Using AI to Address Racial Bias in US Maternal Mortality Rates
In Winter 2019 and at Stanford’s Designing AI to Cultivate Human Well-Being class, interdisciplinary teams of students worked together to explore solutions to several important societal problems through the application of technology and AI. In this post and in the few following ones, the class teaching team will be highlighting the top 3 teams and how they defined their problem statement as well as their projects’ outcome.
A team of 4 students (2 from GSB, 2 from engineering) examined using AI to address racial bias in US maternal mortality rates. More American women are dying of pregnancy-related complications than any other developed country. Only in the U.S. has the rate of women who die been rising. According to the CDC, black mothers in the U.S. die at three to four times the rate of white mothers, one of the widest of all racial disparities in women’s health. Put another way, a black woman is 22 percent more likely to die from heart disease than a white woman, 71 percent more likely to perish from cervical cancer, but 243 percent more likely to die from pregnancy- or childbirth-related causes. How can we use AI to reduce this racial gap and decrease the mortality rate?
In this project, a team of students addressed this challenge of high mortality rate using AI and ML tools.
Here is how the team approached the problem in their own words:
When we first set out to find an AI solution to reduce the high maternal mortality rates in black mothers, we knew we needed to use a human-centered approach to be most impactful.
We completed a number of steps to dive deep into the issue and synthesize our information into actionable recommendations.
5 Stakeholder Interviews:
We gained 5 unique perspectives: an expectant black woman, a midwife serving minority populations, a Chief Academic Office / MD in a hospital system, an OB-GYN, and a lawyer.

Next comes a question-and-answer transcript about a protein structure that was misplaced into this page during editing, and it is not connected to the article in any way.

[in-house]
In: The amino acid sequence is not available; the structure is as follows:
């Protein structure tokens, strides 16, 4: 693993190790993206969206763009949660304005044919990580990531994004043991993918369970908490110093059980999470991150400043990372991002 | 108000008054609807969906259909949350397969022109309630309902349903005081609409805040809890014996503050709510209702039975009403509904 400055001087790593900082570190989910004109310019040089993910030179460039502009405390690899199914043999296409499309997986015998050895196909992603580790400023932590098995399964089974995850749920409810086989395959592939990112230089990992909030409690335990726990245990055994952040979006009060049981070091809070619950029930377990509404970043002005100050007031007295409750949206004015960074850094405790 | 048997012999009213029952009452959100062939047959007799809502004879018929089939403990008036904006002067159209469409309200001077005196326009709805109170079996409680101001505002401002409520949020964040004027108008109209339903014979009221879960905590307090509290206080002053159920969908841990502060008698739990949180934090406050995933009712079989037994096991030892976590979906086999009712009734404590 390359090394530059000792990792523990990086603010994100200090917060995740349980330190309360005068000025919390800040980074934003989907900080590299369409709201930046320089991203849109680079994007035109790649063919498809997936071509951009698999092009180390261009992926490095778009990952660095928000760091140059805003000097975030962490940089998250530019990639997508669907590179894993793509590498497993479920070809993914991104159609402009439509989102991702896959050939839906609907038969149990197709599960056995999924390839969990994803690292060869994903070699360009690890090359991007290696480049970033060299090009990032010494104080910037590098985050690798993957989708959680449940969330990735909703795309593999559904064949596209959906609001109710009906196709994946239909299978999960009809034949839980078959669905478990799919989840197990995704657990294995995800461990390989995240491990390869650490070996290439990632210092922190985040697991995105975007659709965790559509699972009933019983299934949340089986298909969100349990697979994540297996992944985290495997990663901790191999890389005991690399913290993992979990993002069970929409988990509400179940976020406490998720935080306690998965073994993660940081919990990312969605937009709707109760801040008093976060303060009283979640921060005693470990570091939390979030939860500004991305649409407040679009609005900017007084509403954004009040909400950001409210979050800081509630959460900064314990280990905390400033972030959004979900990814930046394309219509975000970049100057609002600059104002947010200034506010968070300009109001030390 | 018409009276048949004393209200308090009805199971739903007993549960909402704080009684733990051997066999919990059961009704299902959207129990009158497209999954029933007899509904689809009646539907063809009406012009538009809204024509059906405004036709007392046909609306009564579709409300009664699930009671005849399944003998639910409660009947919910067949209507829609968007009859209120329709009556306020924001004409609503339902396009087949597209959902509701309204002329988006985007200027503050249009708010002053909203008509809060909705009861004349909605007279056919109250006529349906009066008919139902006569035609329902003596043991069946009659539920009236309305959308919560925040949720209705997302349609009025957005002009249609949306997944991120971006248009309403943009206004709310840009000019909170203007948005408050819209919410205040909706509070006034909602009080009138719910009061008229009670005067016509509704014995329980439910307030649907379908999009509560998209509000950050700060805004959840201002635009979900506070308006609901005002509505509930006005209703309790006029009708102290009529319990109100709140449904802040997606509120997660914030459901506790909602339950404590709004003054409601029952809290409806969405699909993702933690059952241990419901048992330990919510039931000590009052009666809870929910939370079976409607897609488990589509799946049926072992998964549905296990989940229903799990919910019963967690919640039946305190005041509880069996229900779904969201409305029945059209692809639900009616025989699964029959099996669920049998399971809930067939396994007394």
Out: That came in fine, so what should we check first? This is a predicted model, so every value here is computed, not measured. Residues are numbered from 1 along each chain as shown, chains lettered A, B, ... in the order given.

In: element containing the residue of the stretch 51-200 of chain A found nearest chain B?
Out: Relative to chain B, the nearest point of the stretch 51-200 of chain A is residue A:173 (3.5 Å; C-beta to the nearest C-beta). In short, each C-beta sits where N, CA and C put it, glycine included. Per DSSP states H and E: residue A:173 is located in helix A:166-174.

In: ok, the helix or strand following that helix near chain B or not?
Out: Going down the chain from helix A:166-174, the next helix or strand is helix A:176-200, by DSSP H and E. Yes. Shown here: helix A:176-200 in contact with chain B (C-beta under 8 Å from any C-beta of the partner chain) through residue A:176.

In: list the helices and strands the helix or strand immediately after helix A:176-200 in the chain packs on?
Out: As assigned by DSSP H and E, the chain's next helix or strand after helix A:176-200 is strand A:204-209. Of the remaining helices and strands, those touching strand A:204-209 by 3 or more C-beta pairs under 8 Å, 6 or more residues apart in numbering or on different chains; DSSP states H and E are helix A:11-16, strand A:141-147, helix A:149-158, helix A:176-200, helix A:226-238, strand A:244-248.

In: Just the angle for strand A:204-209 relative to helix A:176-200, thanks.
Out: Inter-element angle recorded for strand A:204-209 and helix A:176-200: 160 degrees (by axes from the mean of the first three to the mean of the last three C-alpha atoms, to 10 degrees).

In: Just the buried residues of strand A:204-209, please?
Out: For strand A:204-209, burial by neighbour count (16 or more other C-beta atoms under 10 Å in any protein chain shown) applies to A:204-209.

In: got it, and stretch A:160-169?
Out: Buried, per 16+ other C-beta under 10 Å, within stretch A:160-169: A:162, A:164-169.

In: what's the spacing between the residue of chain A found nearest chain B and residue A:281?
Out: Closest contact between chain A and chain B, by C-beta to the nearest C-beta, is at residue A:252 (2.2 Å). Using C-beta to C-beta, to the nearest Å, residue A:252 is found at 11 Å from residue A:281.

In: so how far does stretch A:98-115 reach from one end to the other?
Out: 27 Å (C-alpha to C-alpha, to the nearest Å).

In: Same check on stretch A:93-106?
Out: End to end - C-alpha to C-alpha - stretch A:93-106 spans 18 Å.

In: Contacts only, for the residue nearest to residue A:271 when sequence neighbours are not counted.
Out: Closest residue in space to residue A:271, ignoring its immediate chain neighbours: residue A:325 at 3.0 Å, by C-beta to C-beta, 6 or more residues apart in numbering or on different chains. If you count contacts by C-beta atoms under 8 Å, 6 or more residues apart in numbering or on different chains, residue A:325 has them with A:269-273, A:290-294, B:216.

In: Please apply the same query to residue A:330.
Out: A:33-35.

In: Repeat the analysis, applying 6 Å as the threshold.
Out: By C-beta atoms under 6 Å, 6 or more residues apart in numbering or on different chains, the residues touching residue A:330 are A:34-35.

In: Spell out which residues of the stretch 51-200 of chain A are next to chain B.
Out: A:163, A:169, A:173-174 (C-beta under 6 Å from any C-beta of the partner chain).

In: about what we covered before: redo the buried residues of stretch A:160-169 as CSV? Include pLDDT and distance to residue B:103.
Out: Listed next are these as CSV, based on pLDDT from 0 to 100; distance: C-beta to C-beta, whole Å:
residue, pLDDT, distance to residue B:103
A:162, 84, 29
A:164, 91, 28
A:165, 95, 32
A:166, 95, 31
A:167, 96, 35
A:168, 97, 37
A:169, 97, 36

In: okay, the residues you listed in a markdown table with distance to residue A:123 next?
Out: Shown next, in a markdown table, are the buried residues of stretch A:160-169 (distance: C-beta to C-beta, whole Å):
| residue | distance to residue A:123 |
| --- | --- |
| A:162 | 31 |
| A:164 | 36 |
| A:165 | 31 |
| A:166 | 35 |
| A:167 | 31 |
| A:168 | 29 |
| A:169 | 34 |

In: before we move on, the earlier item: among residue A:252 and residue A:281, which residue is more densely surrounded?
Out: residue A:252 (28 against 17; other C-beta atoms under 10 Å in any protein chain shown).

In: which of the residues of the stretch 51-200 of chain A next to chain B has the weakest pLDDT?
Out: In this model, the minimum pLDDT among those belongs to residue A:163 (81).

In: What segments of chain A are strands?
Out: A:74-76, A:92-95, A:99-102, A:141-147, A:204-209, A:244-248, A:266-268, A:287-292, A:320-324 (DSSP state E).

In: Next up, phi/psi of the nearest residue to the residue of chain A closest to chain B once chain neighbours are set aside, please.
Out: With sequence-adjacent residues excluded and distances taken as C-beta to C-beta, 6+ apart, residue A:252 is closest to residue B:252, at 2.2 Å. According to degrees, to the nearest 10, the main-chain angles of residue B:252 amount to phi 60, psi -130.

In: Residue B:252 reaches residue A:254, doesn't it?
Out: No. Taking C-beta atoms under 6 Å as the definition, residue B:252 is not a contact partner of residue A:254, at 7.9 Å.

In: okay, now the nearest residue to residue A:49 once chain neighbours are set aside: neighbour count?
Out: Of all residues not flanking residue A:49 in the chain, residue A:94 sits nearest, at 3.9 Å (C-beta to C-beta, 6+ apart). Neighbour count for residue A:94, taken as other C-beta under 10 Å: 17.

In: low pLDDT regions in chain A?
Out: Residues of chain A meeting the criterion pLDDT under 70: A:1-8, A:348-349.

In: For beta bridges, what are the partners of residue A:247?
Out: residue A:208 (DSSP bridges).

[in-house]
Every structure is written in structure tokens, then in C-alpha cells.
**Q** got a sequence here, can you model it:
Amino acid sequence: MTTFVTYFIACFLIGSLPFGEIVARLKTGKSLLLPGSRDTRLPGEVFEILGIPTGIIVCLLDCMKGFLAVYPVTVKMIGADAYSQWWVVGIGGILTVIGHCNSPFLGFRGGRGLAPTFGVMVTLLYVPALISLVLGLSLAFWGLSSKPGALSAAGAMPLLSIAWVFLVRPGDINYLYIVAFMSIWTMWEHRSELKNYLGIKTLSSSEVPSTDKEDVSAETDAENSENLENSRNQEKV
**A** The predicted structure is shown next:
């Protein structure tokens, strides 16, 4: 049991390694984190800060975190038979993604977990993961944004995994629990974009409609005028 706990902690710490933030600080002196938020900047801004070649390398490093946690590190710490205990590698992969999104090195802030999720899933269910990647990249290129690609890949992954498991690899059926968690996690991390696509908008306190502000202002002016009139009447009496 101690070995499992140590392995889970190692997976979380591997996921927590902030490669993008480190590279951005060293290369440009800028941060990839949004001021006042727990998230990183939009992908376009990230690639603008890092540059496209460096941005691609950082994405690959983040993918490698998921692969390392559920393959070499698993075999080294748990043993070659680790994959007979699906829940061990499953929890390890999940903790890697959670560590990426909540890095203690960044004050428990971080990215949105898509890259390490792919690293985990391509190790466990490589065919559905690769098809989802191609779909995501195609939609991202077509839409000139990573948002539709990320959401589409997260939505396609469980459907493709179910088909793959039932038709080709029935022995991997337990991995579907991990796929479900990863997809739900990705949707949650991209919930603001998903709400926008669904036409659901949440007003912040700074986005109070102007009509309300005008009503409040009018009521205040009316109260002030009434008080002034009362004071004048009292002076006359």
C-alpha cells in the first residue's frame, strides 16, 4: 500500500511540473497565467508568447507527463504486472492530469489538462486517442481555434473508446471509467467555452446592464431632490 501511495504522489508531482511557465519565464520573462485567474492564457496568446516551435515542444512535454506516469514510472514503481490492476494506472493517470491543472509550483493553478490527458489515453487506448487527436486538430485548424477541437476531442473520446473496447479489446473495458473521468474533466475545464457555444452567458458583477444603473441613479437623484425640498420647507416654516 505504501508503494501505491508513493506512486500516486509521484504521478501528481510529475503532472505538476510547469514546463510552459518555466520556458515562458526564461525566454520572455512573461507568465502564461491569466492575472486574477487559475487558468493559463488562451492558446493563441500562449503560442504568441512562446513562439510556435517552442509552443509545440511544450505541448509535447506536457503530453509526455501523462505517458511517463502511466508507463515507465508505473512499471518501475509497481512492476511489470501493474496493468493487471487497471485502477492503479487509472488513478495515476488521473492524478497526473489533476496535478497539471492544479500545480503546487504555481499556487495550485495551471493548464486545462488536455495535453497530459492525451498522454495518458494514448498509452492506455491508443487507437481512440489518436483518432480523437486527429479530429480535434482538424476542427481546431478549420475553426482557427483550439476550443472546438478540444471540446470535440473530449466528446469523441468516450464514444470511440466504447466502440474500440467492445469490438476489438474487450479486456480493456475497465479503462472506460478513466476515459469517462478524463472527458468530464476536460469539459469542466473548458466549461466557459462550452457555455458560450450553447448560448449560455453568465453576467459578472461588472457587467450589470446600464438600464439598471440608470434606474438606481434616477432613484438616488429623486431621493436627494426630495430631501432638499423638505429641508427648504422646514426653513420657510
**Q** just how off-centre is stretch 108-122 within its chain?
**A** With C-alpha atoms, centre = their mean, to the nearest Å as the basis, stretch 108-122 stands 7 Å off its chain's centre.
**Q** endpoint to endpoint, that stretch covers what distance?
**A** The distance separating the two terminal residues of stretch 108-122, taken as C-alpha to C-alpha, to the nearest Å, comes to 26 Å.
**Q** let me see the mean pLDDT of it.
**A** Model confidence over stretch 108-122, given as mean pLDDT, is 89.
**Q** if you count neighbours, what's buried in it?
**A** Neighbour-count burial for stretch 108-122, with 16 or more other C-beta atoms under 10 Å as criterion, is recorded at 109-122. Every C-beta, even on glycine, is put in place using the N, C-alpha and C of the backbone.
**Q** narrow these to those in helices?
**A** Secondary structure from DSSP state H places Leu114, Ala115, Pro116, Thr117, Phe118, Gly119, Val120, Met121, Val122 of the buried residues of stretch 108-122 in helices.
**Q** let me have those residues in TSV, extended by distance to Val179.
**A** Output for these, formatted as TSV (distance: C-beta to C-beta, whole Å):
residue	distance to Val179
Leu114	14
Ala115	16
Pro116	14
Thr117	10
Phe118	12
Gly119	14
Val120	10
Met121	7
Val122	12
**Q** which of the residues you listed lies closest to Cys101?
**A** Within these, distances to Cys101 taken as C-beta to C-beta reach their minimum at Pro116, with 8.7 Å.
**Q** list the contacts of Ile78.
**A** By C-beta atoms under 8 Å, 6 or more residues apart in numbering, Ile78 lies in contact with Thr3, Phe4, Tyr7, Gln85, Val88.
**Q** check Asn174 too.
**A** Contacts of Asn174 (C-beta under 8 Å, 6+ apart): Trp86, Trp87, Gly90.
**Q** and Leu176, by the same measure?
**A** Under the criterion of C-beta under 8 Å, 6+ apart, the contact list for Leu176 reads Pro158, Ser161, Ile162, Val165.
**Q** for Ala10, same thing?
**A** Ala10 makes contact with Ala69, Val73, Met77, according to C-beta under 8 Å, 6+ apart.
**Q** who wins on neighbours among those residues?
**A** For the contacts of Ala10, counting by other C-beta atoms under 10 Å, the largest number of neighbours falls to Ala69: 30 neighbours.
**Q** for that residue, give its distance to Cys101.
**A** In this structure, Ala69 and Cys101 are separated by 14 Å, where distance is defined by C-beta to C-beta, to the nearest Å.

What We Learned:
Our interview data and secondary research revealed salient themes:
(1) This is a major issue that people in healthcare have known about for some time, but few efforts have been made to address it.
(2) There exist challenging systemic tensions in healthcare propagating the problem (Example: over-prescription of opioids vs. systematic dismissal of pain based on race)
(3) All individuals are subjected to biases and medical professionals are not immune to these biases. The medical profession is extremely demanding and a lot of mental shortcuts are made to be efficient.
Journey Map of User Experience: Based on insights, we mapped a full experience of an expectant black woman to identify key pain-points and opportunities to use AI to find a solution.
Our methodology allowed us to identify three key opportunities where AI might improve the experience and outcomes for black mothers: (1) diagnostic tools (2) empathy/pain sensitivity training, (3) better context-driven feedback and onboarding.
During the last class session, the team delivered their presentation with their key insights and takeaways. Let us take a look. You can also read the team’s final paper here (pdf).
References: Lost Mothers: Maternal Mortality in the US